# Dual subgradient method - no analytical relation between primal and dual variables.

Consider the a convex optimization problem to minimize $f(x)$ subject to the constraint $g(x)\leq0$. Based on the lecture notes Link,Pg 23 , the Lagrange can be expressed as $$L(x,\lambda) = f(x) + \lambda g(x)$$ Suppose $x(\lambda)$ is the minimizer for $\min_x L(x,\lambda)$ ($x(\lambda)$ denotes $x$ in terms of $\lambda$ and this expression is generally obtained by KKT conditions), then the subgradient method to update dual variable $\lambda$ and find optimal dual variable $\lambda^*$ is given by

• Initialize $\lambda(0)$
• for $i$
• $x(i) = x(\lambda(i))$
• $\lambda(i+1) = [\lambda(i) + \alpha_i g(x(i))]_+$
• end $i$

where $\alpha_i$ is the step size and $[\cdot]_+=max(\cdot,0)$.

My question is in some cases, it is hard or impossible to find $x(\lambda)$, i.e., no analytical expression for $x(\lambda)$ (This happens a lot when you have multiple nonlinear constraints). In these cases, how does subgradient method work to find the optimal dual $\lambda^*$. If subgradient method fails, any other efficient method to find $\lambda^*$. Any suggestion or reference is appreciated.

• What's your optimization problem? You could just use a primal-dual method that solves the primal and dual problems simultaneously. – littleO Dec 23 '16 at 1:32
• My student just wrote a paper on this problem that may be of interest here, it has faster convergence than standard primal-dual subgradient: ee.usc.edu/stochastic-nets/docs/primaldual-convex-cdc2016.pdf – Michael Dec 23 '16 at 2:24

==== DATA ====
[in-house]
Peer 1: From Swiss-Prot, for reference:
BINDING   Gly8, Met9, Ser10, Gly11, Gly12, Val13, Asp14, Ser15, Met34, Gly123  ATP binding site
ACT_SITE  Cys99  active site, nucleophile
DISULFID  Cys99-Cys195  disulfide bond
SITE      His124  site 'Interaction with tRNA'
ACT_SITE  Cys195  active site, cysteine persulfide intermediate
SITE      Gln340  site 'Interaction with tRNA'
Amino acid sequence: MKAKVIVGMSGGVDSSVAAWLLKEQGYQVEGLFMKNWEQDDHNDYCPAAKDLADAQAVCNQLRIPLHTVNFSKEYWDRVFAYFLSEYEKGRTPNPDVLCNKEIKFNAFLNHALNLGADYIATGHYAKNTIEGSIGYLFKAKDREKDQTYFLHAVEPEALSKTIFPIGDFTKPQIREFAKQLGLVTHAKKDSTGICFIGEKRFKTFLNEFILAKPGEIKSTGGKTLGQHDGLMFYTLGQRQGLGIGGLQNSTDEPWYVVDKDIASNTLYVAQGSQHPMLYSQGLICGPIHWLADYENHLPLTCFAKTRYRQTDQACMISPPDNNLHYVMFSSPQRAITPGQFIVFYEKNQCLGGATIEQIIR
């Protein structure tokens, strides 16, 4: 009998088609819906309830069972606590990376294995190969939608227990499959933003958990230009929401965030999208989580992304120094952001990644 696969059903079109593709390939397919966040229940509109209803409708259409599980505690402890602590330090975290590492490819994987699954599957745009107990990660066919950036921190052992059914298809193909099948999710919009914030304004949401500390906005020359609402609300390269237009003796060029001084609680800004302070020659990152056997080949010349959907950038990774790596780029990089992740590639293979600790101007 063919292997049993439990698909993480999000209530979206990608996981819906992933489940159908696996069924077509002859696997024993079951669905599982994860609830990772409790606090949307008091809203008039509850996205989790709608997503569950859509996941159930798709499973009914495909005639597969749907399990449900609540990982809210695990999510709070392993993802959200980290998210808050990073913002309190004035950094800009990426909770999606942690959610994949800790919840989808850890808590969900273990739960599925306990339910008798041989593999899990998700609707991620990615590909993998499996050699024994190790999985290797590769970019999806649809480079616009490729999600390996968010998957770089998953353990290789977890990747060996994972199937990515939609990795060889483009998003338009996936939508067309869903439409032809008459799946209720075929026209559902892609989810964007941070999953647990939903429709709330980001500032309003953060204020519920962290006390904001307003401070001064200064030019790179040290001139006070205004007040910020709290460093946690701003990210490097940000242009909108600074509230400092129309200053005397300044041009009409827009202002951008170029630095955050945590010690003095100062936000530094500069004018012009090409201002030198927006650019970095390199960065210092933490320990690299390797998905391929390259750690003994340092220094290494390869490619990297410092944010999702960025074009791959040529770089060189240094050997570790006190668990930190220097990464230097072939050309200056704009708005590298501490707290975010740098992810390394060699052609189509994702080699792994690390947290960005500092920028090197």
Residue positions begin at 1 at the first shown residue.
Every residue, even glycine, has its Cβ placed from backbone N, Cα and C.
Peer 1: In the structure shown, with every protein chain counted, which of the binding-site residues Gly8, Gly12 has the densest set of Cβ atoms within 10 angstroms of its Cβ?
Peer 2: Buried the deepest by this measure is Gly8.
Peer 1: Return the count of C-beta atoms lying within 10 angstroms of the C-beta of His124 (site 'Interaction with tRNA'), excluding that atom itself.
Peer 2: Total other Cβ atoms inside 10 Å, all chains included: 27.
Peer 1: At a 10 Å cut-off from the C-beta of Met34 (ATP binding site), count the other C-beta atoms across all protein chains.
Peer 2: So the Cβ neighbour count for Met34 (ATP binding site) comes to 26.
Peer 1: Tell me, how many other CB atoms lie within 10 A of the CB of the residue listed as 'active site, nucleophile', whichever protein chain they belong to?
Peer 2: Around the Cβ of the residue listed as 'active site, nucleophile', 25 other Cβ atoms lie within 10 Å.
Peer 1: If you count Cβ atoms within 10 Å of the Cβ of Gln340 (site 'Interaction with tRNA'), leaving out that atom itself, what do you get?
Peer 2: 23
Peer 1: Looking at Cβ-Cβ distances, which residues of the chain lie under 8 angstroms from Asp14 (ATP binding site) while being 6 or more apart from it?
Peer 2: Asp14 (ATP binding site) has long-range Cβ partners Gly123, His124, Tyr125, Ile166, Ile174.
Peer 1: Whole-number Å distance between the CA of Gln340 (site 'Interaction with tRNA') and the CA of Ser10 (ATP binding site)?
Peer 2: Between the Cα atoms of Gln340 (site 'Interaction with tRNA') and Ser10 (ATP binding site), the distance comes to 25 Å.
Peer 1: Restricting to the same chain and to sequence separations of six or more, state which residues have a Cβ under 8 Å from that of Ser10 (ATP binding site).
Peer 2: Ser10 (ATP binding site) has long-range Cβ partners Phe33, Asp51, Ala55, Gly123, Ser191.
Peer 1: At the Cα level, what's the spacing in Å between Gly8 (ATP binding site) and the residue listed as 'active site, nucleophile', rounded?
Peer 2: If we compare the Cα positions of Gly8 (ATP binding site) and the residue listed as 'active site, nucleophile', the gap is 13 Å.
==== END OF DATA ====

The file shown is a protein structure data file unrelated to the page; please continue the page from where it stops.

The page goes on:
• @Michael that looks very interesting. Seems to be inspired by the concepts of accelerated gradients (Nesterov)? – Michael Grant Dec 23 '16 at 3:25
• @MichaelGrant Like Nesterov, our algorithm uses decisions at time $t-1$. However, this seems to be a coincidence and we do not know if there is a deeper relationship. It was inspired by Lyapunov drift, where a pesky $g(x(t))^2$ term slows convergence. We could remove this term by doing a minimization of the form $min_{x \in \mathcal{X}}[f(x) + \lambda g(x) + a g(x(t))^2]$ every step, but $g(x(t))$ is usually a sum of terms and squaring it would make these terms appear nonseparably. So we approximated it by $g(x(t))g(x(t-1))$, then we compensate for the error using a prox term. – Michael Dec 23 '16 at 14:47
• Maybe one possibility if there is no analytical formula for $x(\lambda)$ when using the dual subgradient method would be to solve for $x(\lambda)$ using Newton's method. Newton's method might converge very quickly because you have a good first guess from the previous iteration. (But, I would be inclined to just not use the dual subgradient method.) – littleO Dec 24 '16 at 4:21